What of Keneally’s claim that certain elements of Catholic dogma have, in corrupted form, helped sustain the practice of child sexual abuse amongst the clergy over the years? To the extent that this is true, it still falls far short of anything remotely resembling a distinctively Catholic form of extremist violence. Take the alleged relationship between Catholic ecclesiology and the entrenchment of child molestation. Large, labyrinthine organizations may make the exposure and prosecution of such crimes difficult, but there is nothing uniquely Catholic about this. As the historian and commentator, Gerard Henderson, has helpfully pointed out, the current Royal Commission into these matters found that proportionally, child sexual abuse has been more common in the Uniting Church – the structure of which is far more diffuse – than in the Church of Rome. This is certainly revealing, for it suggests that a strongly hierarchical organization is not unusually susceptible to this kind of wickedness; if anything, the data points in the other direction. Here is what Henderson has written about the matter (bracketed annotations are mine):

“[There were] 2504 incidents or allegations [of child sexual abuse] between 1977, when the Uniting Church was formed, and 2017 [i.e., over a 40-year period]. This compares with 4445 claims with respect to the Catholic Church between 1950 and 2015 [over 65 years]. And the Catholic Church is five times larger than the Uniting Church.”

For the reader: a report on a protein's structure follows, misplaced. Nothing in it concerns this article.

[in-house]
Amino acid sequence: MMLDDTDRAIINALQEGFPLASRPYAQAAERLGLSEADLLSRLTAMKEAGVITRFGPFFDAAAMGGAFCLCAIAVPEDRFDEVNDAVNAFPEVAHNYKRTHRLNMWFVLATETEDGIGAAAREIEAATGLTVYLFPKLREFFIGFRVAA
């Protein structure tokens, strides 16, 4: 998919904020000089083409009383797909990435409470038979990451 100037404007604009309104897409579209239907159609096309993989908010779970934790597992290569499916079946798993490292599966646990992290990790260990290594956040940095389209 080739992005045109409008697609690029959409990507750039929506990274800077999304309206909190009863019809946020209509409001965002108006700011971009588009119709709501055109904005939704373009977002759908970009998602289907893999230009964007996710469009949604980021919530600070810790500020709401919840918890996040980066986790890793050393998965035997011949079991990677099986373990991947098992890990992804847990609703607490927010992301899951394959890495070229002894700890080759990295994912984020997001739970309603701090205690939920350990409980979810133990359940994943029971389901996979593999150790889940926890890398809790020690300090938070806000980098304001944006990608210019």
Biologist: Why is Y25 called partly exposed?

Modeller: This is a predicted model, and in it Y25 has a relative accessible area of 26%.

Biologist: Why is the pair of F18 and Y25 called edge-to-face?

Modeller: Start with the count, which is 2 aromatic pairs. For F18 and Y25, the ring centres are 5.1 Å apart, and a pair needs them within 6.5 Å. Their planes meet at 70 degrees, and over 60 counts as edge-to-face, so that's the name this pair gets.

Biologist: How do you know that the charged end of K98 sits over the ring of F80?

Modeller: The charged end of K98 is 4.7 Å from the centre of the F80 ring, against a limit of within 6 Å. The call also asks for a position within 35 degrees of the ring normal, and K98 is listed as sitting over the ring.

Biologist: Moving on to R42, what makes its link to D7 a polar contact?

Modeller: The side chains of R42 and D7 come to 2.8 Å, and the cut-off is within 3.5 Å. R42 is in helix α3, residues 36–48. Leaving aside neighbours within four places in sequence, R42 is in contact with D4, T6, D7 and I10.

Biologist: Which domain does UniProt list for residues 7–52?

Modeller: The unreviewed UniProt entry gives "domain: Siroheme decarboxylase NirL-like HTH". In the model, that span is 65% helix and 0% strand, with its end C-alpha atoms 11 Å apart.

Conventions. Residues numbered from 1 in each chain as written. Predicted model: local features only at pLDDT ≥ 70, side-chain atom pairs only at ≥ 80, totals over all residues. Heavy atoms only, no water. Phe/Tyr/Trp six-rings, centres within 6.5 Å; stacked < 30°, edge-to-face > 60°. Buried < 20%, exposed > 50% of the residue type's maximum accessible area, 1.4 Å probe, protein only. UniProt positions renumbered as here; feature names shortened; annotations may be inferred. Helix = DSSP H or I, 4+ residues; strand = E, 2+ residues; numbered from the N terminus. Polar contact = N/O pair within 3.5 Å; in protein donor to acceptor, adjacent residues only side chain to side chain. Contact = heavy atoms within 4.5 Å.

It’s also worth pointing out that other large institutions, both religious and secular, have sought to protect perpetrators in an effort to preserve the “greater good” (often window-dressing for naked self-interest and reputational advancement). The BBC is a good example – all the more so, as it is a non-religious, non-sectarian entity. In the wake of the Jimmy Savile scandal in 2012, it was alleged that the BBC had protected other stars accused of sexual abuse, whilst serious institutional failings allowed perpetrators to ply their evil trade with impunity. Dame Janet Smith, who chaired an inquiry into the whole sordid saga, said that a “macho culture” prevailed at the broadcaster, which fostered rampant sexism and sexual harassment. She went on to indict the BBC for the institutionalised fear that many experienced, such that they felt unable to speak out. Finally, she excoriated those who were more concerned about individual and corporate reputations than they were about sexual predation. The point is that a tawdry and desperate attempt to cling to the laurels of an institution’s moral authority – at times leading to the craven abandonment of the victims of abuse – isn’t unique to religious bodies. Acquiescing to the supposed demands of the “greater good” cannot be given a peculiarly religious or theological gloss, for the very reason that this phenomenon – grubby though it certainly may be – is something common to every sector of humanity.